A young woman in downtown Belgrade - © BalkansCat/Shutterstock

In downtown Belgrade - © BalkansCat/Shutterstock

To what extent is the Internet used in South-East Europe? In what condition is the digital infrastructure? An overview

17/02/2022 -  Klaudijo Klaser

During the most acute phases of the pandemic, most of our lives relied on digital means and channels: email and online business meetings, distance learning for young people, online shopping for all sorts of products, and even meeting with friends often took place via virtual platforms.

All this was possible thanks to the Internet infrastructure that allowed people to stay connected, and in a sense close, during lockdowns. As highlighted in a previous article published in OBCT, the Internet was especially vital for the continuation of those work activities that could be “transferred” at home.

However, the same article also showed that smart working was much less used in the Balkans than in Western European countries, most probably because of the lesser development of the technological infrastructures necessary to ensure an effective Internet connection as well as lower diffusion of digital skills (Digital Economy and Society Index 2021 ).

The same conclusion can be drawn by observing the data on Internet use (source Eurostat ). The graph below, which shows the percentage of people who use the Internet daily and who have used it in the last 12 months, illustrates two important trends.

First of all, both daily and one-year use of the Internet in all EU member countries of South-East Europe grew from 2019 to 2020, that is during the outbreak of the pandemic.

In addition, with the exception of Cyprus, in the other Balkan countries daily Internet use is below the EU average and far removed from the percentages in Denmark, where everyone uses this tool in the course of a year. In fact, 3 out of 10 people in Bulgaria never used the Internet in 2019, and, like in Romania, only 6 out of 10 use it regularly.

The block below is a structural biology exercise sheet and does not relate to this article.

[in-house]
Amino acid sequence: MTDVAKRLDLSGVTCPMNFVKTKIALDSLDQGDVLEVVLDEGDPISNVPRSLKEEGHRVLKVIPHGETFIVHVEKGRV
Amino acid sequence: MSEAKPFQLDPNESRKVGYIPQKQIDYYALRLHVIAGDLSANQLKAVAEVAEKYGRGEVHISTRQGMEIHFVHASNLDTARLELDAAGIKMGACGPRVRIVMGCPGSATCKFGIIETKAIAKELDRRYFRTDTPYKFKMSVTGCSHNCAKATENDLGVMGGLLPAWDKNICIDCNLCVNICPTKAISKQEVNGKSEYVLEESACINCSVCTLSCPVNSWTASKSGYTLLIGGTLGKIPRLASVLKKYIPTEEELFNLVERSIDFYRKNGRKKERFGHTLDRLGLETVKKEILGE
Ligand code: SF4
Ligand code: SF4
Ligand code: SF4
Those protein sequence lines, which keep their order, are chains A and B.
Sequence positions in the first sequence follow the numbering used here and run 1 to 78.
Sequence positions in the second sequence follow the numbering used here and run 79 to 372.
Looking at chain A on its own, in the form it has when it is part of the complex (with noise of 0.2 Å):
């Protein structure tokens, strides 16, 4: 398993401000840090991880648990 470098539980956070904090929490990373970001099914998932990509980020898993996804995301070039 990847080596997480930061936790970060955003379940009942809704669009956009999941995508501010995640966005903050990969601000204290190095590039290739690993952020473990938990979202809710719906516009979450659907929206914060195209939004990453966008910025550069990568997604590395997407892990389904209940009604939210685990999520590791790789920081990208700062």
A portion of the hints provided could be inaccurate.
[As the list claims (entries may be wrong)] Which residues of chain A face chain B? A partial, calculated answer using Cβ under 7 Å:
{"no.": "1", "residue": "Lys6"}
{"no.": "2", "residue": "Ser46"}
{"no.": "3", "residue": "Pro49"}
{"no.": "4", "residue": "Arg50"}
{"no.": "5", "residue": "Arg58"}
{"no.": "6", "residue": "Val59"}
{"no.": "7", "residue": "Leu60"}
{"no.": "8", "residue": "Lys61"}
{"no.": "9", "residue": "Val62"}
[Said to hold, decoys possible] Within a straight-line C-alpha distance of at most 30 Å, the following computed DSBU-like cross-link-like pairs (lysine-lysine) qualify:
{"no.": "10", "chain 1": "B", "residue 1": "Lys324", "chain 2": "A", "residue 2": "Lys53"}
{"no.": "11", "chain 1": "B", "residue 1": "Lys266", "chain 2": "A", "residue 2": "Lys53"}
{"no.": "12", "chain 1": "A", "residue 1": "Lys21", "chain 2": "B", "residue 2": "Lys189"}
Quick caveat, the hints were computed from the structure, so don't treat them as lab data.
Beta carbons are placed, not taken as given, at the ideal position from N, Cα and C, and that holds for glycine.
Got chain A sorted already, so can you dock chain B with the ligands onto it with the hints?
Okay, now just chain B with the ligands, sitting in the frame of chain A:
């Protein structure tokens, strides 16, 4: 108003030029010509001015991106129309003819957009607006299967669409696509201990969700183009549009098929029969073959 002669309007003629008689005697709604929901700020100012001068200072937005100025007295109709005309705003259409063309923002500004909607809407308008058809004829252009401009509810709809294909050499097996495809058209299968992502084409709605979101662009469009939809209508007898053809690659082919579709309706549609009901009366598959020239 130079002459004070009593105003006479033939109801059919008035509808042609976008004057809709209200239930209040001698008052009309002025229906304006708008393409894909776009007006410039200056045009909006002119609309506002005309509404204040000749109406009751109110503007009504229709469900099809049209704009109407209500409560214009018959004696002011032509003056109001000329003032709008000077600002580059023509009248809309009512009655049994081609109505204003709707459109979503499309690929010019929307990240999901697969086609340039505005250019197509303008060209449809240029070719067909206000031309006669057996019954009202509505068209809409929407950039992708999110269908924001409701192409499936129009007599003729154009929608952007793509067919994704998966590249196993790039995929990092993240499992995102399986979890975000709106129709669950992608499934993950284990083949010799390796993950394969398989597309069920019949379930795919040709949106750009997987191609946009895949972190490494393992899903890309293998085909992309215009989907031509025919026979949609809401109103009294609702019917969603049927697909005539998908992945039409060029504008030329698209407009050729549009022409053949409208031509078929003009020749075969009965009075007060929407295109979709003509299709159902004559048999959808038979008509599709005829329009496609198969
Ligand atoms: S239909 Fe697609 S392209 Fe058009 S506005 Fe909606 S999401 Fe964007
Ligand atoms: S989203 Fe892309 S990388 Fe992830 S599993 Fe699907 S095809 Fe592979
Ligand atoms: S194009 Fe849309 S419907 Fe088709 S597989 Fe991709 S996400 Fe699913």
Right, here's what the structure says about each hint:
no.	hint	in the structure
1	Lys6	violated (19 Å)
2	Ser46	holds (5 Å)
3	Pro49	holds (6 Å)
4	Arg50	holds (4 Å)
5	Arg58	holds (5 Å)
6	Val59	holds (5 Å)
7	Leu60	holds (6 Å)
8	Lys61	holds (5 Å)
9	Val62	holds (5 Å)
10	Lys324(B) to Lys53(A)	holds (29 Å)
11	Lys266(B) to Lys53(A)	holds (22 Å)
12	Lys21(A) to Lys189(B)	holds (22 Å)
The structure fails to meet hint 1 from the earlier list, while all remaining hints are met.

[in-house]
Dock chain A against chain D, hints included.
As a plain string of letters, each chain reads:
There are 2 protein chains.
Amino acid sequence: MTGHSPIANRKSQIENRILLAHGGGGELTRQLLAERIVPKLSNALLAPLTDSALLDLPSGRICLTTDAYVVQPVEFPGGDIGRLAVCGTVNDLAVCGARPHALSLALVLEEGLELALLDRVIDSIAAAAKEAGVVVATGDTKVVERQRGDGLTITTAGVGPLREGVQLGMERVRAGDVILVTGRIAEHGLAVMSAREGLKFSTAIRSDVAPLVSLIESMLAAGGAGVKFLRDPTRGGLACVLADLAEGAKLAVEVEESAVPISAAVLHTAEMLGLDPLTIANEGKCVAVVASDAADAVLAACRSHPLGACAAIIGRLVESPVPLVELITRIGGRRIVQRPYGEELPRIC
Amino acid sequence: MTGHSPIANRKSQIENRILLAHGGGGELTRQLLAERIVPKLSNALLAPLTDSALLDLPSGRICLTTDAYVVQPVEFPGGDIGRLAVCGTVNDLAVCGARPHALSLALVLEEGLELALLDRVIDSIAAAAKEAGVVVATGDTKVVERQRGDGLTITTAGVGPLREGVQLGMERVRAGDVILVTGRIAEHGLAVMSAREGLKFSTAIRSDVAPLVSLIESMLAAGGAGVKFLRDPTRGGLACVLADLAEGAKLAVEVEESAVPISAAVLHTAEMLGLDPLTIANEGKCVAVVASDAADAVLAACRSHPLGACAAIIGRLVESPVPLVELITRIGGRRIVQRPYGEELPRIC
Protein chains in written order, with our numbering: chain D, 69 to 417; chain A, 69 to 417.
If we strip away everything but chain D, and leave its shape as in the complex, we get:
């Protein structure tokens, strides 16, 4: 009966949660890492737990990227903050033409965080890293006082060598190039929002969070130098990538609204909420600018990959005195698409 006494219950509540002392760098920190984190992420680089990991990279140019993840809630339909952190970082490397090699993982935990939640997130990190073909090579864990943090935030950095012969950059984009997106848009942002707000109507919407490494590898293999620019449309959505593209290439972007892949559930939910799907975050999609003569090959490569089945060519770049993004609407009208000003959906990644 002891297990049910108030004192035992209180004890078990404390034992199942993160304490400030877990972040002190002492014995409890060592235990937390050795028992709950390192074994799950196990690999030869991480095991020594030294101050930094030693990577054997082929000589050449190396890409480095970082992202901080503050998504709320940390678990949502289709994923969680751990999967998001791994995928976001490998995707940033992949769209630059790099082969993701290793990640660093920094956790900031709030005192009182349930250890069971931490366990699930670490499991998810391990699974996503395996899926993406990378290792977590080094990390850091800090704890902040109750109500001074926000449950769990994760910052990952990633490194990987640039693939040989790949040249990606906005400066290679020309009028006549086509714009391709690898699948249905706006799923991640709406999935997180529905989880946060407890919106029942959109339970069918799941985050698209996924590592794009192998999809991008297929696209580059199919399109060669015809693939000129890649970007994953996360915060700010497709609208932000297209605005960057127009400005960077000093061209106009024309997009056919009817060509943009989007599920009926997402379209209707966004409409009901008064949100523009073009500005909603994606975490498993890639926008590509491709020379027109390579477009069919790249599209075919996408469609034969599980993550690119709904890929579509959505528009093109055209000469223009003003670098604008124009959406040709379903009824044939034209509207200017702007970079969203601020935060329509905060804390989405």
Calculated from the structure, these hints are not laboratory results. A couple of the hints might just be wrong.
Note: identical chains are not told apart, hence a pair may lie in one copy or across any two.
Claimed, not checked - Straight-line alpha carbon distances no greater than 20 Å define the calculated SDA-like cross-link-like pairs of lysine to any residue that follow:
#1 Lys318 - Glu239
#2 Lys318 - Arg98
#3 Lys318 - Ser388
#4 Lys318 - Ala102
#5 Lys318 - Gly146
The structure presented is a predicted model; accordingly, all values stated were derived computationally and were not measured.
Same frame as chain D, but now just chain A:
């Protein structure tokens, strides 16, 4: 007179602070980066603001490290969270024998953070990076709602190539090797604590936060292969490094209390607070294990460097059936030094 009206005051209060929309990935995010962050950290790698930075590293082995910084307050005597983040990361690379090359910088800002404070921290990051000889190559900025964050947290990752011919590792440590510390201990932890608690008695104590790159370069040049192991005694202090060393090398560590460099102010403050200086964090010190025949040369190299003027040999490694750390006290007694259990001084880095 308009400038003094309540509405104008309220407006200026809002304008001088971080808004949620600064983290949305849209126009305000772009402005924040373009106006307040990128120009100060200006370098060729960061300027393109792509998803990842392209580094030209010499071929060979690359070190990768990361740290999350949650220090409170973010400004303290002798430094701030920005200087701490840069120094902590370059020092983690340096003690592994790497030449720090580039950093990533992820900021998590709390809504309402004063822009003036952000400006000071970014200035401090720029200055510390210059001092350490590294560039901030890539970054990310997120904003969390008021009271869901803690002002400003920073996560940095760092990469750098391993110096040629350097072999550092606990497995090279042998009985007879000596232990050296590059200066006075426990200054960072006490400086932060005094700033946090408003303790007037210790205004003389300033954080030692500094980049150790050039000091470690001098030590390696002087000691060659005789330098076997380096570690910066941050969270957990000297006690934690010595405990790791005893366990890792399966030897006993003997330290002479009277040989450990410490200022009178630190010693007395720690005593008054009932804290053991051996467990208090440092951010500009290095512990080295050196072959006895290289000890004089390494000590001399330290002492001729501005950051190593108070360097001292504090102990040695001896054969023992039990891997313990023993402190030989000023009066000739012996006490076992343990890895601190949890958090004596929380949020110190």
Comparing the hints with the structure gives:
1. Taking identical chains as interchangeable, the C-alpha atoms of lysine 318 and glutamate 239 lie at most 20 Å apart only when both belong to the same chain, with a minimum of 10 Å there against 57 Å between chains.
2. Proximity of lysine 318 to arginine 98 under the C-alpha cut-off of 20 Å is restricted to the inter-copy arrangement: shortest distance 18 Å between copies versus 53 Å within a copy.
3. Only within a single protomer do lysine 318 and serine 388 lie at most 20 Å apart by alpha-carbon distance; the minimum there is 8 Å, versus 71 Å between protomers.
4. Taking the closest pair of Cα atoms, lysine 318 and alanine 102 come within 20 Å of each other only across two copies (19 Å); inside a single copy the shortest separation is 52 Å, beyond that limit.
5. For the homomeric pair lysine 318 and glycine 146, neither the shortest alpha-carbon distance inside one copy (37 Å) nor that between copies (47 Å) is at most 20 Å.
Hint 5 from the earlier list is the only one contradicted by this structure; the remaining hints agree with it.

On the other hand, a surprise comes from the percentages in Italy, where daily use of the Internet is at the level of Slovenia, which however ranks far ahead in terms of occasional use.

The European Union is aware that digital infrastructures and literacy are the basis of the future competitiveness of the territories involved, and therefore invests  a considerable part of the so-called cohesion funds in this area.

Of the approximately 63 billion Euros in cohesion funds destined for Bulgaria, Croatia, Cyprus, Greece, Romania, and Slovenia, more than 33 are provided through the European Regional Development Fund (ERDF). Of these, almost a third (10 billion, 15% of total funds) was dedicated to investments in the digital field, which demonstrates the European Union's attention to infrastructural development and in terms of human capital for the Balkans to be more connected – internally, but also with the European Union itself.


This content is published in the context of the "Work4Future" project co-financed by the European Union (EU). The EU is in no way responsible for the information or views expressed within the framework of the project. The responsibility for the contents lies solely with OBC Transeuropa. Go to the "Work4Future"

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